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Is your Christmas Tree Taxable?
byNovember 1, 2020
It’s that time of year when we head out of the lot to pick the perfect Christmas tree – or head over to the nearest store and buy a pre-lit one. I don’t blame you. Untangling these little guys is never fun!
But all this Christmas tree purchasing begs one question:
Do you Have to Pay Sales Tax on Your Christmas Tree?
The short answer is (almost always): yes.
Your Christmas tree is “tangible personal property.” Tangible personal property is almost always taxable. The only time it isn’t taxable is when there is some sort of exemption. Sales tax exemptions vary from state to state and you can find links to what each state considers sales tax exempt by choosing your state on this sales tax map.
Speaking of sales tax exemptions, you’ll notice that states tend to give exemptions to industries they are trying to support. For example, many states in the Midwest exempt agricultural equipment. Many other states, who are trying to prevent losing manufacturing to other states are countries, make manufacturing equipment sales tax exempt.
Are the times changing?
In 2016, the state of Mississippi bucked tradition and passed a law making Christmas trees a non-taxable transaction. But the law included some caveats. Christmas trees in Mississippi are only non-taxable if they are cut and sold at the same time and place.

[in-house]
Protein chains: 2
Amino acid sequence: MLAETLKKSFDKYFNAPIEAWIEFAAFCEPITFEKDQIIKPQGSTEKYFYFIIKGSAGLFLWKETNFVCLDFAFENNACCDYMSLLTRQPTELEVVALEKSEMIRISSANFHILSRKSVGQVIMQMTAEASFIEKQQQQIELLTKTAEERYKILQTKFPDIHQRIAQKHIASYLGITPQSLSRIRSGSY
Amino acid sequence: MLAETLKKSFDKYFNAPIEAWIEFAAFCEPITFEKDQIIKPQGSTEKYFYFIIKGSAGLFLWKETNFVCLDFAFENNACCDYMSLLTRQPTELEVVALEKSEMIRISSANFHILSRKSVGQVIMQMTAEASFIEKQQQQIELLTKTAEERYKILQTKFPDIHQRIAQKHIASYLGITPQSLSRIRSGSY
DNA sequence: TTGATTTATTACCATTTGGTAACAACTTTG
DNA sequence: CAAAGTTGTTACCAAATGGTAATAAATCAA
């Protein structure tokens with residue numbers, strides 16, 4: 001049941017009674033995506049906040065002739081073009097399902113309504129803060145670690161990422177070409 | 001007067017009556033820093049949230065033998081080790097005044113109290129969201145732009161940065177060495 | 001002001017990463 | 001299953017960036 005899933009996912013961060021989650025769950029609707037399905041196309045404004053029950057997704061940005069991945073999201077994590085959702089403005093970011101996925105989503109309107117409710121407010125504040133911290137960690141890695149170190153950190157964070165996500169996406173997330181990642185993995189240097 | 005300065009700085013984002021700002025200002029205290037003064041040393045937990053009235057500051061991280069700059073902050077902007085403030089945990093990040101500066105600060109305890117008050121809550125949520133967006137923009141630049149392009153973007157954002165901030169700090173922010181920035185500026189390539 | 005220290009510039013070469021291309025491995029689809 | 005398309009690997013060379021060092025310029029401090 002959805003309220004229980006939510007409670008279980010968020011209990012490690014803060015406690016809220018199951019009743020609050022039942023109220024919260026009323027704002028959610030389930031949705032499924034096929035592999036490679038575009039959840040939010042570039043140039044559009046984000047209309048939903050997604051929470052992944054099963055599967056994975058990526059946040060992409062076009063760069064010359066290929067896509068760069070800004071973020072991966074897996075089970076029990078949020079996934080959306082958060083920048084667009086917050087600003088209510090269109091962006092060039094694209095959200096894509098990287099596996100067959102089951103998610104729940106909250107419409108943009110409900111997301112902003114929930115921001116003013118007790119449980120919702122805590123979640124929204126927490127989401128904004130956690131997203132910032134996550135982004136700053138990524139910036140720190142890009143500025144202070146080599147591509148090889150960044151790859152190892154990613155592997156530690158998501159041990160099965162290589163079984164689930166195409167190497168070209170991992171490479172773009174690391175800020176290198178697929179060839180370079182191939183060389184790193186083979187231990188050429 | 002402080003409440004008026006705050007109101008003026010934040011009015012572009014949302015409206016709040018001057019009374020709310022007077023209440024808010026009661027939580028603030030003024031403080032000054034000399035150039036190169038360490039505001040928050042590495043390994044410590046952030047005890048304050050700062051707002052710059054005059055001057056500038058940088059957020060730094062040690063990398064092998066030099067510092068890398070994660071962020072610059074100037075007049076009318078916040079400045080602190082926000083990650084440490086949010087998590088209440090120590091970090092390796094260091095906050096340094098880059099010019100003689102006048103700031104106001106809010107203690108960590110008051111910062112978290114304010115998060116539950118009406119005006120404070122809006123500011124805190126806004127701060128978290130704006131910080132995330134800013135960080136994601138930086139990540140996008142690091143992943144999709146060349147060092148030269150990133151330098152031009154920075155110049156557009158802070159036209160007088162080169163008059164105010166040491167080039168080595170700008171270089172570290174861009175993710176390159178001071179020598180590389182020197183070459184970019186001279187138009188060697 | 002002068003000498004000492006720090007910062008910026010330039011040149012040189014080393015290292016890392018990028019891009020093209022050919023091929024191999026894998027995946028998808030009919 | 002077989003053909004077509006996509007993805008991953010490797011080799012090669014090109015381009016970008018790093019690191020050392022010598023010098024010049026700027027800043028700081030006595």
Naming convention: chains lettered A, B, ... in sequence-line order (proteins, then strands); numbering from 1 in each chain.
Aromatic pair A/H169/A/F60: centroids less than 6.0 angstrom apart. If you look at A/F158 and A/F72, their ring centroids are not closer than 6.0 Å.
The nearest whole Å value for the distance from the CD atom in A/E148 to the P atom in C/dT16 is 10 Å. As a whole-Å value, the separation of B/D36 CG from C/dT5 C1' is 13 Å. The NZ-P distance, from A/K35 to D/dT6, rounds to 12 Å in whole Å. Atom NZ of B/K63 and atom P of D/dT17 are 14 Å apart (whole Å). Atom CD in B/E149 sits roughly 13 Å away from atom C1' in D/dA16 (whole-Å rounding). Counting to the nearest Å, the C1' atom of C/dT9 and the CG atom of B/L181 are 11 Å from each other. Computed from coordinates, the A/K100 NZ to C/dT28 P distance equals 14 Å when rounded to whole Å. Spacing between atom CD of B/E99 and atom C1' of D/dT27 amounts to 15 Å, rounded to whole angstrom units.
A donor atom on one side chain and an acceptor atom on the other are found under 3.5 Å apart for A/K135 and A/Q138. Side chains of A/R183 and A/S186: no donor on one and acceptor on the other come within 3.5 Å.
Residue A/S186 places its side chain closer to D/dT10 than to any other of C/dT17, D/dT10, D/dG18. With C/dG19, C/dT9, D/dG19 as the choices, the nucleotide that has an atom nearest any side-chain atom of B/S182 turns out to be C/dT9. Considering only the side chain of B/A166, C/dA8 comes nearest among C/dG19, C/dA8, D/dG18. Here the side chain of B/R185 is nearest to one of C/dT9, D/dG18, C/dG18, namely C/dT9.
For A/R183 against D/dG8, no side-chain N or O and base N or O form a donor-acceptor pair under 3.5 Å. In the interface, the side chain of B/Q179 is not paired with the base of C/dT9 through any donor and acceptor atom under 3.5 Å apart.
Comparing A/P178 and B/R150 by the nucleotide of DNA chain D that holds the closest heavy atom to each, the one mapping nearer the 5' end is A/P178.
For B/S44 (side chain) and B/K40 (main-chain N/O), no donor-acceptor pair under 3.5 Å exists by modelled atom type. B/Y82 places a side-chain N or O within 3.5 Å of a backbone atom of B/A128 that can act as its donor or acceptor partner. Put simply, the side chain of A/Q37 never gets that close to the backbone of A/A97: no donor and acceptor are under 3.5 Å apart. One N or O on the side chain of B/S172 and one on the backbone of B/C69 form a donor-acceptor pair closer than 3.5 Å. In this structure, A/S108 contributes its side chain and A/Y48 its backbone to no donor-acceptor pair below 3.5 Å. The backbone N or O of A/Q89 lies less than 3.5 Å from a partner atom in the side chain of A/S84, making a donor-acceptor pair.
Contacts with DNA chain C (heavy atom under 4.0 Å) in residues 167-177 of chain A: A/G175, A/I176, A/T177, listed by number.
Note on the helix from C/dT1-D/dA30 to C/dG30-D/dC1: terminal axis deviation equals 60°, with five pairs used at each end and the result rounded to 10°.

For example, a Mississippi farmer who grows Christmas trees and then allows buyers to choose, cut and purchase their preferred tree from the farm does not have to charge Mississippi sales tax when selling Christmas trees.
But a retailer who purchases and cuts a selection of Christmas trees from a farm and then resells them in his own Mississippi location (think the trees you see in the parking lot at Big Box stores during the holidays) would be required to charge Mississippi sales tax on Christmas trees.
The Fight for Tax-Free Christmas Trees
Two other states have fought hard to eliminate the sales tax on Christmas trees, with one Pennsylvania state representative going so far as to name his bill the “Don’t Be a Scrooge” bill. The Pennsylvania bill, which never gained traction, would have exempted Christmas trees sold on Christmas tree farms from sales tax.
Lawmakers in neighboring New York also proposed eliminating the sales tax on Christmas trees, though their tax break would have been more like an extended sales tax holiday. In the New York proposal, evergreen products like Christmas trees would have been non-taxable during a “Go Green” sales tax holiday.
In conclusion, as it stands you’ll most likely find yourself paying sales tax on your Christmas tree this year. That is unless you choose to buy your Christmas tree from a farm in Mississippi. Maybe in the future the taxman – at least in New York or Pennsylvania – won’t be such a Grinch!
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